The source is undoubtedly the Menaechmi of Plautus, with possibly some advantage gained from the lost Historie of Error. But how Shakespeare became acquainted with the play of Plautus we cannot say. The earliest English translation of the Menaechmi of which we know is that by W. W. (William Warner), published in 1595. Shakespeare's 'small Latin' may have been enough to enable him to enjoy Plautus in the original. Or he may have seen the translation by Warner in manuscript. The first scene of Act III certainly owes something to another play of Plautus-the Amphitruo-in which the house of Alcmena is taken possession of by Jupiter in the disguise of her husband. Two things in the Comedy of Errors are of Shakespeare's own invention; he makes the fun more fast and furious by the introduction of a second pair of indistinguishable twins-the brothers Dromio; and secondly he sets the whole comedy in a serious and pathetic framework-the story of Egeon. Mere laughter-though his laughter was loud and freeseldom entirely satisfied Shakespeare even in comedy. Here in a border of romance we observe the freaks and follies of human life.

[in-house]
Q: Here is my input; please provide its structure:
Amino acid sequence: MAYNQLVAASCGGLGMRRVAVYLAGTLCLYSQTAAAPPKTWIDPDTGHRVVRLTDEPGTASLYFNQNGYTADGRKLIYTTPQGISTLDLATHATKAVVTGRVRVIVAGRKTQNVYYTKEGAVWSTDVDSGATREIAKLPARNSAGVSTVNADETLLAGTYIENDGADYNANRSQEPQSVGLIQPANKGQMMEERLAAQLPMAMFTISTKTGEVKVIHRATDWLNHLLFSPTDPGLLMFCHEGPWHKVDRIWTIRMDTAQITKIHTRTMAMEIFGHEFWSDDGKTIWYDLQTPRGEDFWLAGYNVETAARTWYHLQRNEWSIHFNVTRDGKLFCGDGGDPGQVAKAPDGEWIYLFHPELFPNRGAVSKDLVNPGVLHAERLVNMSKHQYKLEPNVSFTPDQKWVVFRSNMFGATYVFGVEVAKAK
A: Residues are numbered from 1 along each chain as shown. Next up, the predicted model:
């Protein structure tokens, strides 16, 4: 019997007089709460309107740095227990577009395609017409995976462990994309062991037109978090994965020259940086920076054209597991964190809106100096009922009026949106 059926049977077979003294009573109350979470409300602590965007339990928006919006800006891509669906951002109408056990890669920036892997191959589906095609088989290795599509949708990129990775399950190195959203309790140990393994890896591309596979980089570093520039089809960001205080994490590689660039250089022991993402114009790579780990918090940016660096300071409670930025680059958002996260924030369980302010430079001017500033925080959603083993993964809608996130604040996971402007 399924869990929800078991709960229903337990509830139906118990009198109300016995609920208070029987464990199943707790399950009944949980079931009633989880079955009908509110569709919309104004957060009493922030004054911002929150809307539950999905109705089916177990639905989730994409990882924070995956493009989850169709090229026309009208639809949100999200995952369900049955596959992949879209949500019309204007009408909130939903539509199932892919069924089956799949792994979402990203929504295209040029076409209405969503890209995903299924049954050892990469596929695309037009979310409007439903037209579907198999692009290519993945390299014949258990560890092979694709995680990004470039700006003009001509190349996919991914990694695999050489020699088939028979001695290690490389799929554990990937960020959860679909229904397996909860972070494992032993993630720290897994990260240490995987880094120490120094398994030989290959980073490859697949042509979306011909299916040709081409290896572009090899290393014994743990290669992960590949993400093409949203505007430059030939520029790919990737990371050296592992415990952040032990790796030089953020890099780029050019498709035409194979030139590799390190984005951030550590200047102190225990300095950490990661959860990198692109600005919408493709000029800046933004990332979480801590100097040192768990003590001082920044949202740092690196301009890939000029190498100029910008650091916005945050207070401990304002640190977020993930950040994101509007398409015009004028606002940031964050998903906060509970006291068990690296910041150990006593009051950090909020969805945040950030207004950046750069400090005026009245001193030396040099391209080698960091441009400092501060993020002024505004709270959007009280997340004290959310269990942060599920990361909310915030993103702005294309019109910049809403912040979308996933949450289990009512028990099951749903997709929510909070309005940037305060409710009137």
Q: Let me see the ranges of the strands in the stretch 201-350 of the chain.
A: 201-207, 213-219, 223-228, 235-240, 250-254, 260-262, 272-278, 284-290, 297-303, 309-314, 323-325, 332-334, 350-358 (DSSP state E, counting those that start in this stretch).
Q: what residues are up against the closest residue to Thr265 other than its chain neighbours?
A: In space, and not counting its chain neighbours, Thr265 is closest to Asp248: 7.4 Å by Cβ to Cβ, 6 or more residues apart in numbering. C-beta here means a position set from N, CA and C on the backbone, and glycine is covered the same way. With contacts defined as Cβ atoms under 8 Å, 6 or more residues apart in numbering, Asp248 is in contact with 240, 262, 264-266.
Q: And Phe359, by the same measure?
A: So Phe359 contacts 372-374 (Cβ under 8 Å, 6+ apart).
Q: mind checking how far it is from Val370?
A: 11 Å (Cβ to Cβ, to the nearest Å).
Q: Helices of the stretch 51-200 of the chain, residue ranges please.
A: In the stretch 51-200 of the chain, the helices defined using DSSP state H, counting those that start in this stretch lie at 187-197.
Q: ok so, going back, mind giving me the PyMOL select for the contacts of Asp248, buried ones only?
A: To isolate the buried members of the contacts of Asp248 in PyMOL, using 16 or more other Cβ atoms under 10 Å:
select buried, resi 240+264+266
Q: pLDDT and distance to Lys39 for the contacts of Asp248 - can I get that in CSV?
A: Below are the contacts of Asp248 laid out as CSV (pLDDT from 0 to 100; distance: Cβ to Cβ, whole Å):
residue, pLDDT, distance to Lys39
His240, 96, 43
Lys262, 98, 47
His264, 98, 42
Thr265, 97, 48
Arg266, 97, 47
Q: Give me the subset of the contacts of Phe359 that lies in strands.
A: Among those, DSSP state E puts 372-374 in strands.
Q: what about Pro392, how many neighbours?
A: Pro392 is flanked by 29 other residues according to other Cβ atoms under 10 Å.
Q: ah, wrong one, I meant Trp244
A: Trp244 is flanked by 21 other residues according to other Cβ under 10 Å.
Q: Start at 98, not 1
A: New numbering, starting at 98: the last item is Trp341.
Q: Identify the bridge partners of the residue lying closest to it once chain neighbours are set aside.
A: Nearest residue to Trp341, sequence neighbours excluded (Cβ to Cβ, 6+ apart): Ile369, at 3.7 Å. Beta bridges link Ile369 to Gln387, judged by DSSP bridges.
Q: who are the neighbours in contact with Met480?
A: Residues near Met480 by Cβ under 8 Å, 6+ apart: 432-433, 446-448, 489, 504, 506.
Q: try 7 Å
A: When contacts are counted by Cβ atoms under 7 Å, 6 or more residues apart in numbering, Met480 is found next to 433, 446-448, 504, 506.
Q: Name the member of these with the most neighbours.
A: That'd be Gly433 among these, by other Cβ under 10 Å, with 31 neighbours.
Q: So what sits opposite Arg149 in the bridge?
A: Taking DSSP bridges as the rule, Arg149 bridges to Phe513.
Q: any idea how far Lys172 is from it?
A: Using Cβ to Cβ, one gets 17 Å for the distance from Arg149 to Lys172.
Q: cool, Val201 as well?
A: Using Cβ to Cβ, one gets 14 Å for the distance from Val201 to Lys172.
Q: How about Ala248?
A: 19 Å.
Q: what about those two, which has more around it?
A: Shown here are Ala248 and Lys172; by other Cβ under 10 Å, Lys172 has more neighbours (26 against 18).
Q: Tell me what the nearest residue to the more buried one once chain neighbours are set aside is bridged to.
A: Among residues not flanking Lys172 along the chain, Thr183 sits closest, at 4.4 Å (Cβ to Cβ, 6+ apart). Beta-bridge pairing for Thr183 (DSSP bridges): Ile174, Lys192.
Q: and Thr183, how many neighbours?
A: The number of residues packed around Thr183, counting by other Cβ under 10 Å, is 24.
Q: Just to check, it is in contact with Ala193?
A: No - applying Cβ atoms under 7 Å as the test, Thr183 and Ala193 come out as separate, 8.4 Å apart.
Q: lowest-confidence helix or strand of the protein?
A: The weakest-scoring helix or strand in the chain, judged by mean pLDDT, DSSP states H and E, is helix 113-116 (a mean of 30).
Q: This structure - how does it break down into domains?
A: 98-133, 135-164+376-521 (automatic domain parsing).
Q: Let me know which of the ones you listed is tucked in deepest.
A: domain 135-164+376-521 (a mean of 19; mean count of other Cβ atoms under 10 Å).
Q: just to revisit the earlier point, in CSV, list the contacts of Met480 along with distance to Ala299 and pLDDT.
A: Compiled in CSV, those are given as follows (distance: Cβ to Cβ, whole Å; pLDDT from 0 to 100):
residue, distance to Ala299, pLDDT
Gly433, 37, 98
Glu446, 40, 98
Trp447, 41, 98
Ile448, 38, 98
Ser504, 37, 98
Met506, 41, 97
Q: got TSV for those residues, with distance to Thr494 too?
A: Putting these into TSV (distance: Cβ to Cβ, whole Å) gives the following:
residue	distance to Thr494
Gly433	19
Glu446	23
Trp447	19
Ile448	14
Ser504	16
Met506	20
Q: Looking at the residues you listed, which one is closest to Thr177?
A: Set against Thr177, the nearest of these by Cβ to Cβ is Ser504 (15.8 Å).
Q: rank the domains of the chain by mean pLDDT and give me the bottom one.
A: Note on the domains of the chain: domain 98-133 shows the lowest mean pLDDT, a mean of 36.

It is more a play for the stage than for the study. There on the boards-the intrigue is dazzling and yet expounds itself clearly and swiftly; the young dramatist was already a master of theatrical technique. 'Until I saw it on the stage,' wrote Charles Armitage Brown, 'I had not imagined the extent of the mistakes, the drollery of them, their una bated continuance, till, at the end of the fourth act, they reached their climax, with the assistance of Dr. Pinch, when the audience in their laughter rolled about like waves. In a comedy, or, as Coleridge calls it, a farce, which depends for its life chiefly upon a series of dazzling incidents, no searching study of character need be expected. Yet Shakespeare, who has made the two Antipholuses so like in aspect, has to some extent differentiated them in temper and disposition. The brother of Syracuse is in comparison with him of Ephesus an interesting and amiable person.